There are no restrictions on what you set the hostname to, but note that it is not the same as the fully qualified domain name (FQDN). The FQDN is the hostname plus your domain name. If you use the method below for setting the domain name, you probably should not have any dots in your hostname.

the role and correct setup of /etc/hosts in regard to setting the hostname (is it not just for resolving? what names and where to point?)

It is for DNS resolution, but Patrick has an explanation of how using it to set domain name works here. It's a lookup on the hostname, then a reverse lookup using the IP address; kind of circuitous and confusing compared to just setting it with hostname --fqdn but seemingly more commonplace.

Doing this does not stop domainname from returning (none), but maybe that is inconsequential.

  • If there are no restrictions on what I set the hostname to, how come only the first part is displayed in places like the Bash prompt or the Postfix log? This behaviour suggests it is not merely an opaque string. – Joó Ádám Nov 2 '14 at 17:09
  • Also, what is the difference between hostname and hostname --fqdn? If I set a simple name, like plato in /etc/hostname, where does the (so called) domain come from? – Joó Ádám Nov 2 '14 at 17:24
  • By "no restrictions" I meant the system won't care what it is. – goldilocks Nov 2 '14 at 17:40
  • According to man hostname you can set the FQDN that way too (e.g. at boot), which makes me realize how bad my habit of including it in /etc/hostname is. It does work though, I guess if you have not set the FQDN properly >_< Otherwise some software may end up with, e.g. host.domain.domain. – goldilocks Nov 2 '14 at 17:49
  • Also see this discussion on Debian’s current practice of setting up the hosts file, and this one on the usage (or lack thereof) of the localhost.localdomain entry. – Joó Ádám Nov 4 '14 at 15:08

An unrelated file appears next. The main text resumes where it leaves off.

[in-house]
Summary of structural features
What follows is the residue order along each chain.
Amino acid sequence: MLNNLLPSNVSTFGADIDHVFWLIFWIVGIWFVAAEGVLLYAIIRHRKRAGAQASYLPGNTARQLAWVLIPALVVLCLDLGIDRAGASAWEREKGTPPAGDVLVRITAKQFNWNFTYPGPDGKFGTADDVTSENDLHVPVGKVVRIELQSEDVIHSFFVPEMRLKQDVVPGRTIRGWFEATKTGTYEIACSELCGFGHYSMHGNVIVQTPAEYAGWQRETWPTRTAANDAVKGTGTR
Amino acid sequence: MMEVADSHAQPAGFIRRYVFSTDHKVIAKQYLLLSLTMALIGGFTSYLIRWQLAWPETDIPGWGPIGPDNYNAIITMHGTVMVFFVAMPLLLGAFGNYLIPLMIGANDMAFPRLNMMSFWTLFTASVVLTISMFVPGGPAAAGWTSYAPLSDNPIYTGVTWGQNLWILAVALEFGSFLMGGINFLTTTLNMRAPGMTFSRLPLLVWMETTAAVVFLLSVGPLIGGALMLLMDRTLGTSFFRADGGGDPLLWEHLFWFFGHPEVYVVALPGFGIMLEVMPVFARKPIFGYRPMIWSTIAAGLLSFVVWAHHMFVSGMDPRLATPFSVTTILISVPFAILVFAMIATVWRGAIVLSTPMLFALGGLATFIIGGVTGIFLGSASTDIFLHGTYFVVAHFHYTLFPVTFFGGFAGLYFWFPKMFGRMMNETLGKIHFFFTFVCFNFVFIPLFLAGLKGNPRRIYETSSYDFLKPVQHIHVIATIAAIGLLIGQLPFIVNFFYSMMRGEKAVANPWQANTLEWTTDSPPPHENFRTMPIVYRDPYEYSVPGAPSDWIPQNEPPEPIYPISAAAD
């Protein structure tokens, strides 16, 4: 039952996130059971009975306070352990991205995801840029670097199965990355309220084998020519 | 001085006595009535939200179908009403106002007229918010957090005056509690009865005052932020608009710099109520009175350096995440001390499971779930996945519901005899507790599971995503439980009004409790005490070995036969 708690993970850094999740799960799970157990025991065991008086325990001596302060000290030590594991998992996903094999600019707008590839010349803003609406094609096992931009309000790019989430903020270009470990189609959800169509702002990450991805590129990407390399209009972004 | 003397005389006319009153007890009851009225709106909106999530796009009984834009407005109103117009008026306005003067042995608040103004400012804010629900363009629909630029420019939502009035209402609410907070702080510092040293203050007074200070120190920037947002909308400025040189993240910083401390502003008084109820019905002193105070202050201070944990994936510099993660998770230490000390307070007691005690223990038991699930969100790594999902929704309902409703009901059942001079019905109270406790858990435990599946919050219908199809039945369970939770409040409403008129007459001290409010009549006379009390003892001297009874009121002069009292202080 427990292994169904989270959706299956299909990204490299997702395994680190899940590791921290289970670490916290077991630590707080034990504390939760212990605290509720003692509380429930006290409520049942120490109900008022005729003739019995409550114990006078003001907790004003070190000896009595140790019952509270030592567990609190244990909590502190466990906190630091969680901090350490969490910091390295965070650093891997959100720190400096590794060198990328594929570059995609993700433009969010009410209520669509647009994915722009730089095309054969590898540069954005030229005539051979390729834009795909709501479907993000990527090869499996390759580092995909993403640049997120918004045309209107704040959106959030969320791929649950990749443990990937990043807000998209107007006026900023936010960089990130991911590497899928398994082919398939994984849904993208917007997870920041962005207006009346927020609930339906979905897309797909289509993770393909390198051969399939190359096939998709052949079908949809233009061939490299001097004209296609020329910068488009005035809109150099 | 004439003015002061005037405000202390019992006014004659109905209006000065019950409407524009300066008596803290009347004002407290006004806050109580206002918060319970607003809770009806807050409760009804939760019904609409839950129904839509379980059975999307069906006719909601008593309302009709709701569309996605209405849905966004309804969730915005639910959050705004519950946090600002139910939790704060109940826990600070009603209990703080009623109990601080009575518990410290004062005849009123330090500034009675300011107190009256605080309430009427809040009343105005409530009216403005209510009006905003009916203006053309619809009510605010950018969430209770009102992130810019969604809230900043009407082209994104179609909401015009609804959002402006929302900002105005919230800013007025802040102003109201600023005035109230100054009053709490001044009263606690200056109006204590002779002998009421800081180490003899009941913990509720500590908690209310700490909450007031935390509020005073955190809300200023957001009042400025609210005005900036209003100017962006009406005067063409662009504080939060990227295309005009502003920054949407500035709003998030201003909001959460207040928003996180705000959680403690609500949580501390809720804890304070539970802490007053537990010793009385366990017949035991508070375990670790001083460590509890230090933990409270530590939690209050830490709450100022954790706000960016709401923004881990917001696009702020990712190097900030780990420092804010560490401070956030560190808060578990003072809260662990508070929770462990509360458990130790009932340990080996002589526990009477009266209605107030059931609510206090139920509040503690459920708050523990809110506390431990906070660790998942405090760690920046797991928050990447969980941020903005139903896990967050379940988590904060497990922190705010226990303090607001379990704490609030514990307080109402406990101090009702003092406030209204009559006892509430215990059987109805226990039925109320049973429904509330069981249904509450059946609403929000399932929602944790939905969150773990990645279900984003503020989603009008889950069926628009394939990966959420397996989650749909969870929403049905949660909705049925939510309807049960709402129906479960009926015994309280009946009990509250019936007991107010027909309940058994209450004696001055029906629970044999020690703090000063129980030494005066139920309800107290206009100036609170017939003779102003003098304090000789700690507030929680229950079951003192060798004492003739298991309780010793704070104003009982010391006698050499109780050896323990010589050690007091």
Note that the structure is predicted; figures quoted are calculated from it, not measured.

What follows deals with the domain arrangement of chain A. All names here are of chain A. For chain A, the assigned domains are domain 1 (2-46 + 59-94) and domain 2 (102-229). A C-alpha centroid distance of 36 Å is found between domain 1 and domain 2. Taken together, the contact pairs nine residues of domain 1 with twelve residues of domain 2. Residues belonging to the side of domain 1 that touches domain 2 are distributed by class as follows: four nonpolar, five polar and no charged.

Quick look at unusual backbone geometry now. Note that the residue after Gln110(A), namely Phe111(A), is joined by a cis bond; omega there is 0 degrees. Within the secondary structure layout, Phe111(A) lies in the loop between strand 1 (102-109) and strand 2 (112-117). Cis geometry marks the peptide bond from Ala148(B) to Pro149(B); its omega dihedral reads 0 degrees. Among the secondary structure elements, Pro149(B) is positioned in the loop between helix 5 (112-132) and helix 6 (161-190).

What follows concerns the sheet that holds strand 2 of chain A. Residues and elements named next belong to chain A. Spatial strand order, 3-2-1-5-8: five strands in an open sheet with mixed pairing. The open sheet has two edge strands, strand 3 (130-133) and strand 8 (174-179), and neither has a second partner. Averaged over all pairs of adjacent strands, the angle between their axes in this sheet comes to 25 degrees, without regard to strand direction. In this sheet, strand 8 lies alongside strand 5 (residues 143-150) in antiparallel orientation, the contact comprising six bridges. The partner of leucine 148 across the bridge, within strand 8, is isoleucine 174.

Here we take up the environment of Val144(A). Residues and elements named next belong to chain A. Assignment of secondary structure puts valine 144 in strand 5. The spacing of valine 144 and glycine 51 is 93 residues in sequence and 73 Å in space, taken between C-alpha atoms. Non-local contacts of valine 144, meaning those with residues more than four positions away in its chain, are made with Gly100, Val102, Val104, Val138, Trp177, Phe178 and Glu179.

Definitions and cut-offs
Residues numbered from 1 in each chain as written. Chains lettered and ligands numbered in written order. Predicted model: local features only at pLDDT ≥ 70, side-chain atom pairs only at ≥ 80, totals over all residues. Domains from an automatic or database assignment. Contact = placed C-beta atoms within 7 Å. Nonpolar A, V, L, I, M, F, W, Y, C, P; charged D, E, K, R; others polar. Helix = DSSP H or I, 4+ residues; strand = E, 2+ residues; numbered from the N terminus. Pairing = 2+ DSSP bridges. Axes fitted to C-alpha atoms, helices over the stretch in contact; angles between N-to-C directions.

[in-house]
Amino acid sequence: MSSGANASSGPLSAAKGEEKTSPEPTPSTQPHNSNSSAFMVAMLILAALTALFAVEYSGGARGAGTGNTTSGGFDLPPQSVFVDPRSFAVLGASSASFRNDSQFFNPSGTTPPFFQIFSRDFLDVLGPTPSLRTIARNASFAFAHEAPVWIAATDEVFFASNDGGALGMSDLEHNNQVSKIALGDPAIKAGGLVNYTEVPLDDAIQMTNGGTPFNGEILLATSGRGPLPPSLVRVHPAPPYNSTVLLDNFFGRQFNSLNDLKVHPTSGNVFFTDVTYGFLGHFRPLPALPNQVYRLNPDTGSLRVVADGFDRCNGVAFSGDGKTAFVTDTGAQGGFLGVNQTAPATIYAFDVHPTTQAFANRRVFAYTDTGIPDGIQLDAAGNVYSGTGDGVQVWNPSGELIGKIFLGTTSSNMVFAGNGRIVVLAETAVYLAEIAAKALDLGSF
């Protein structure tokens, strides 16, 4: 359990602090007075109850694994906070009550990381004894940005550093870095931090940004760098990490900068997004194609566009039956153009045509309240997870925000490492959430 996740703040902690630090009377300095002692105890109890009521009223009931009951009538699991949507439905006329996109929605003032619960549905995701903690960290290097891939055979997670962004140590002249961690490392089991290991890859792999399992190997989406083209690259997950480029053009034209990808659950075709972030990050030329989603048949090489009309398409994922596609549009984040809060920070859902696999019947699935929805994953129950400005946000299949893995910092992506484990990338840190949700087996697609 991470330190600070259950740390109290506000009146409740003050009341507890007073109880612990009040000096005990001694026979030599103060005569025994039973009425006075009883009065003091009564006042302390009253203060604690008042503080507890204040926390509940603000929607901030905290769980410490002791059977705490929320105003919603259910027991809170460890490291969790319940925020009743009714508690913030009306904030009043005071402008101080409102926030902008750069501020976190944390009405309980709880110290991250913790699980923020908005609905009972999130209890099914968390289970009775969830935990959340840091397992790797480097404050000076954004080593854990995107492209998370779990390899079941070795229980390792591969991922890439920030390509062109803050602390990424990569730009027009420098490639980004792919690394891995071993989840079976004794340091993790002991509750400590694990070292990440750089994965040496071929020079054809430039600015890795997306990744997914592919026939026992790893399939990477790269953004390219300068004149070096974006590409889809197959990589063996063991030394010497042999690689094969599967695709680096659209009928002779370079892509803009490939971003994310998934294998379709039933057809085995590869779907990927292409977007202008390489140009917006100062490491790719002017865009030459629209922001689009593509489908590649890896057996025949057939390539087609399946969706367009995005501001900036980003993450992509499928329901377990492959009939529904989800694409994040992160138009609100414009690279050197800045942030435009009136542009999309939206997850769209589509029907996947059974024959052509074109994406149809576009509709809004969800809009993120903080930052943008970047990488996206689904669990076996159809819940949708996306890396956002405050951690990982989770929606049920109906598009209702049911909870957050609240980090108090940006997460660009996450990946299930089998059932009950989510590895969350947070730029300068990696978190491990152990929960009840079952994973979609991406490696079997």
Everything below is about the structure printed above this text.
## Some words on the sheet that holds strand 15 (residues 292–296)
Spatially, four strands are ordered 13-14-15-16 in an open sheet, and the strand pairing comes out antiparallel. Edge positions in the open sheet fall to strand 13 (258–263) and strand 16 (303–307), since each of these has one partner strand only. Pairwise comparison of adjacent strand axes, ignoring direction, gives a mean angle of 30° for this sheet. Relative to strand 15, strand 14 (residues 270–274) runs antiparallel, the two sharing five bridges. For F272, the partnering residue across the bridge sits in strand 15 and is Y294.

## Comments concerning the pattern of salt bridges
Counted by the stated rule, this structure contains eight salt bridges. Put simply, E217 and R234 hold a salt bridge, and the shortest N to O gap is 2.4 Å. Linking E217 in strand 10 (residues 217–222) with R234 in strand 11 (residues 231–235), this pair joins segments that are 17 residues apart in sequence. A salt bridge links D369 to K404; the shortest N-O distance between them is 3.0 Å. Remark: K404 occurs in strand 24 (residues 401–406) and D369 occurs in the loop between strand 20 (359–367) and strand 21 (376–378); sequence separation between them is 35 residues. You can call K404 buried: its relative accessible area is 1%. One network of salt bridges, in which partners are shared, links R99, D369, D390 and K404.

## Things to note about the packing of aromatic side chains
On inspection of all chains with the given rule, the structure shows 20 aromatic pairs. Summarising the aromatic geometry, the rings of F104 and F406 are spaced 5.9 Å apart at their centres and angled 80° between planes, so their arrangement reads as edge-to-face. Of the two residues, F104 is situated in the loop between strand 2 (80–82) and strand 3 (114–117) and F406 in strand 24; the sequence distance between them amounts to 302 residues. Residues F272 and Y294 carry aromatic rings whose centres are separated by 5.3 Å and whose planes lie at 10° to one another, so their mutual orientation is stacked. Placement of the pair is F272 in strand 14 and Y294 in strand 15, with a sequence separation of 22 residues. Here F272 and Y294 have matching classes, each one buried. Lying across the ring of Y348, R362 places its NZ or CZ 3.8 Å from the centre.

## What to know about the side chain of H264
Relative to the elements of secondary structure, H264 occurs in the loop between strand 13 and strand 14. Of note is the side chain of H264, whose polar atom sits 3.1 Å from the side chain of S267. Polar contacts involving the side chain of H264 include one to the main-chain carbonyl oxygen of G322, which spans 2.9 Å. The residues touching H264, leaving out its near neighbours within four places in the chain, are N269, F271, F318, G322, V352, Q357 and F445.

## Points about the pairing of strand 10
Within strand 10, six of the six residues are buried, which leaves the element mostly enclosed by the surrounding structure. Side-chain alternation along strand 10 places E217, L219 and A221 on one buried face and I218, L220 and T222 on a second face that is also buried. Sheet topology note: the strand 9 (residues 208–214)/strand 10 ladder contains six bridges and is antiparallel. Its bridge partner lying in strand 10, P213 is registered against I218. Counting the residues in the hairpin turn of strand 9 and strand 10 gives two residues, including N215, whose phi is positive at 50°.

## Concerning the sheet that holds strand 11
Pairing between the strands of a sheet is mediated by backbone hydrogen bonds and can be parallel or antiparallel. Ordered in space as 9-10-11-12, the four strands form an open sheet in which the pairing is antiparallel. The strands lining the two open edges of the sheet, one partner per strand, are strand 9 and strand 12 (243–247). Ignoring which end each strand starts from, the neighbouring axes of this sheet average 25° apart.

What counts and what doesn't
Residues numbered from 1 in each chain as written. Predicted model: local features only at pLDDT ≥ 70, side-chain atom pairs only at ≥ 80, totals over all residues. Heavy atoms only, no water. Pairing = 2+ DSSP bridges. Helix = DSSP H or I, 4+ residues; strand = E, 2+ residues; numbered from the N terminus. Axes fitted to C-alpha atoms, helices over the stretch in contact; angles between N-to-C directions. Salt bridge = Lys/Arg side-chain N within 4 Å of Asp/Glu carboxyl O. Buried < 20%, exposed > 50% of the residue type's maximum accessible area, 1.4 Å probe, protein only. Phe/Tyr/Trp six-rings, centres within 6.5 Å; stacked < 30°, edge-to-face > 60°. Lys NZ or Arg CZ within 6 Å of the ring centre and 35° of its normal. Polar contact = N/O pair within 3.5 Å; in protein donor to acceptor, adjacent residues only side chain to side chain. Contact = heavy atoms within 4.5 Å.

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First the hostname of the system gets initialized during the time of system boot. Hostname is not compiled with kernel.

In Debian /etc/init.d/hostname.sh is run as part of startup scripts. This script reads the hostname from /etc/hostname and uses hostname command to set it.

The hostname of a system is to simply identify itself. Even if a system is not connected to the network the system needs a name for itself, mainly for logging and other purpose. For example all log messages have hostname on it. It is just to identify itself.

Hostname doesn't have any relationship with /etc/hosts it completely uses /etc/hostname.

The /etc/hostname should only contain the hostname part and not the FQDN.

Below can tell you the difference.

$ hostname
kannan

$ hostname -d
oongil.com

$ hostname -f
kannan.oongil.com

Now the FQDN part.

FQDN is mainly required if your system is part of a huge network and it needs to be identified itself uniquely.

/etc/hosts file contains lookup table for hostnames and FQDN of the system gets mapped here

127.0.1.1 kannan.oongil.com kannan

In Debian based systems 127.0.1.1 is mapped to the systems FQDN. And so when hostname -fqdn is invoked the system queries /etc/hosts to get this information.

The order of the content /etc/hosts is very much important.

In case if you dont want /etc/hosts to be queried for FQDN then you can change the order in /etc/nsswitch.conf.

My configuration is as below, here /etc/hosts is queried first then the DNS.

hosts: files mdns4_minimal [NOTFOUND=return] dns mdns4

If you need to understand more about hostname and FQDN refer this Debian mailing thread.